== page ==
There are no super snapshots, but any of the eight could win


May 17, 1991|By Ross Peddicord | Ross Peddicord,Evening Sun Staff

IT DOESN'T GET much better than this.

First, there was the Pimlico Special. It took a record-breaking, devastating display of speed by Farma Way to beat the best older horses in training. Rarely has such a collection of animals, in the peak of health, congregated in one race at one time.

Now, the momentum from that race has carried over to the 116th Preakness.

There is not a great rivalry in the mold of a Sunday Silence-Easy Goer match or the feeling that you are about to witness an awesome display of equine power by a Secretariat or a Spectacular Bid.

But the neatly packaged Preakness that will be presented tomorrow (5:32, Ch. 13) has all the elements of high thoroughbred drama.

The eight-horse field contains a little bit of everything. It is largely a group of lightly raced, fresh horses who are healthy and have a good reason for being here. Even Whadjathink, the longest shot on the program at 30-to-1, comes off a graded stakes win on the country's toughest racing circuit in California.

There are horses with divergent running styles and some with a good bit of speed. It is this element of speed that poses a dilemma for the Kentucky Derby winner, Strike the Gold. Does the stamina-laden son of Alydar have enough late kick to run down all those quick horses rambling away in front of him?

After seeing speed horses run 1-2-3 in the Special last weekend, it doesn't take a genius to figure out that Strike the Gold has his work cut out for him.

Then there is Olympio. He provides an unknown, provocative element. His trainer, Ron McAnally, chose not to run in the Kentucky Derby, but decided instead to wait for the Preakness.

How about handsome Hansel? Favored in the Kentucky Derby, he ran the poorest race of his career, but now seeks redemption in Baltimore.

Is Best Pal the best bet? Most likely he will be the third choice. But there's every reason to think he can improve on his runner-up performance in the Derby, when he broke from leftfield in the 15-post.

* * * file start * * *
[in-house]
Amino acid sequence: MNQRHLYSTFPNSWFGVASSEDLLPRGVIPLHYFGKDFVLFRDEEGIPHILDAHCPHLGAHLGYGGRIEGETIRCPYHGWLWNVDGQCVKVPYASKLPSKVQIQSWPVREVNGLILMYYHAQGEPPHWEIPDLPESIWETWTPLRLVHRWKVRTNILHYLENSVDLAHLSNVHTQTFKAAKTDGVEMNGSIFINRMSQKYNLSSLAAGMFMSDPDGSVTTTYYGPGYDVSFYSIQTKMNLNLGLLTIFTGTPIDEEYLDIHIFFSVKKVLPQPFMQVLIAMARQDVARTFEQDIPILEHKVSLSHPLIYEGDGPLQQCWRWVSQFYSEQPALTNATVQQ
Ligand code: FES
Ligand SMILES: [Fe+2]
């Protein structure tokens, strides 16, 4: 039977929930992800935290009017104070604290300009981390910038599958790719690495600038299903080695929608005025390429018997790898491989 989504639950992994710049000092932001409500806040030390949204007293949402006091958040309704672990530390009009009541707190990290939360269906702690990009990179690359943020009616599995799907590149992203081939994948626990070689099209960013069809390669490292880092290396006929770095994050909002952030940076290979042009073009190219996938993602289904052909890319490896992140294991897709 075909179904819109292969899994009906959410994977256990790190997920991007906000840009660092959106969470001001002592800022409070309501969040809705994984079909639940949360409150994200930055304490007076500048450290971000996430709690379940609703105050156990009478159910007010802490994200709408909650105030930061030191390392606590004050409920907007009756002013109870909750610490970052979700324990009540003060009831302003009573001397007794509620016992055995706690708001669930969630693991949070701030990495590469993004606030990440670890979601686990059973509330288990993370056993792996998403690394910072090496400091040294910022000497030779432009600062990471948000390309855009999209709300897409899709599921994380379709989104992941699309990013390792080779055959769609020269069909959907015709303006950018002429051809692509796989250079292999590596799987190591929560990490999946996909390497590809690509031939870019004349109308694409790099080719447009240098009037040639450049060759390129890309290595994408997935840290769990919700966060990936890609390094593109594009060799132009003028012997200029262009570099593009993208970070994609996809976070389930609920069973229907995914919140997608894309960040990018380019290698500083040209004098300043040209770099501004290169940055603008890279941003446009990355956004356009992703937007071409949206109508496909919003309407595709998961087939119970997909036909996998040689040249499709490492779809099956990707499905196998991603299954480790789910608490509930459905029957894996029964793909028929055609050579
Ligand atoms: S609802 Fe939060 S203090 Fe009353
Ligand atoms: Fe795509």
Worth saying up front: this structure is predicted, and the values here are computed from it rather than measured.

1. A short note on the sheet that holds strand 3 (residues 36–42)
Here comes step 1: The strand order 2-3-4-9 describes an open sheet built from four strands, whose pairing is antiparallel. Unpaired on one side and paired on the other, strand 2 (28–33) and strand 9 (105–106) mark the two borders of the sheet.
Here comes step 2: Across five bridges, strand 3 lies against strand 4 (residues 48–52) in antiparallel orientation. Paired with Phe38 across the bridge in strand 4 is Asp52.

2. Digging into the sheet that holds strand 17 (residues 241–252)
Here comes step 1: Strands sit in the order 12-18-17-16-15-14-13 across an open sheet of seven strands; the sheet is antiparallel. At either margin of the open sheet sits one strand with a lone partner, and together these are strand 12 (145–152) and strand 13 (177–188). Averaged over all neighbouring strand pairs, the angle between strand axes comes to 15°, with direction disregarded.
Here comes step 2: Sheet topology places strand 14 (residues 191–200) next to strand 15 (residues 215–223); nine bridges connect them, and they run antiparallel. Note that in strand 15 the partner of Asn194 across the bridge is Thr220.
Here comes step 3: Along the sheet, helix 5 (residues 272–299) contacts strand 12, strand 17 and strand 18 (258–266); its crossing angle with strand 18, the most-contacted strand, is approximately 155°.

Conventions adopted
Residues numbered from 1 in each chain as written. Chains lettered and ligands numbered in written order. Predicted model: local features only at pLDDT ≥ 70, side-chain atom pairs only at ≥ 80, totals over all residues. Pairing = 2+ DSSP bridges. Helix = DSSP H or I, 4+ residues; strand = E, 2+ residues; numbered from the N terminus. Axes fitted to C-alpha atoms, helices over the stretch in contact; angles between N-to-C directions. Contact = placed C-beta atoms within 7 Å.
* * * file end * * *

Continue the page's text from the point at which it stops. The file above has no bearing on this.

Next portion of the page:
Then there are the jockeys. In the history of the race, there probably has never been a more experienced group of riders that have proven their Preakness prowess. Five are previous winners: Pat Day, Alex Solis, Chris McCarron, Eddie Delahoussaye and Jorge Velasquez. The other three have finished in the money in the Preakness at least once.

The owners represent a cross section of Americana.

There are the John Mabees, an Iowa couple that migrated to California with $200, started a fruit stand, eventually expanded it into a grocery store and now own the "Big Bear" chain of supermarkets and 600 thoroughbreds, including Best Pal.

Other horse owners include some big name athletes -- Wayne Gretzky and Magic Johnson, partners with Los Angeles Kings owner Bruce McNall in Honor Grades -- and a man involved in games as the distributor of Pictionary, Joseph Cornacchio, one of the owners of Strike the Gold. There's an armaments manufacturer, Dick Duchossois, who is represented by Whadjathink. Olympio owner Verne Winchell is the former CEO of Denny's, the 24-hour "We're Always Open" restaurant.

The most visible trainer is almost always the one with the Derby winner. What a relief to see Nick Zito actually smile. There is nothing more ominous than to see a grouchy New Yorker. There was no question that in the final days leading up to the Derby his middle name was spelled s-t-r-e-s-s.

But Strike the Gold came through with the victory. And Zito has reconciled with his wife, Jan, who found out by reading in the newspapers before the Derby that their marriage was about to break up.

In the final analysis, though, here is what it boils down to: Can Strike the Gold do his best imitation of Pleasant Colony and run down the speed?

From this angle, I'm putting my $2 on Best Pal. I picked him in the Derby and I'm sticking with him one more time.

Anyway, who could get mad about losing money on a horse named Best Pal?

L It would be a little bit like putting down My Friend Flicka.

Infield rules


* Liquor or drugs

* Tents

* Hibachis or barbecues

* Raised devices

* Kegs of beers

* Non-folding furniture

* Handcarts or wheeled carts

* Glass containers of any type


* Beer, wine and soda individually carried in plastic containers or regular-size cans. Bulk-carrying devices will not be permitted.

Picnic lunches

* Beach blankets

* Suntan lotion

* Baby carriages (with babies)

Highest payoffs

Highest payoffs for winners of the Preakness since $2 mutuel bets began in 1911 with winner, year and price:

Master Derby, 1975 $48.80

Coventry, 1925 $45.60-x

Display, 1926 $40.70

Bee Bee Bee, 1972 $39.40


Testamony, 1983 $31.00

Little Current, 1974 $28.20

Nellie Morse, 1924 $26.20

Polynesian, 1945 $26.00

Pillory, 1922 $24.30

Greek Money, 1962 $23.80

x-field horse

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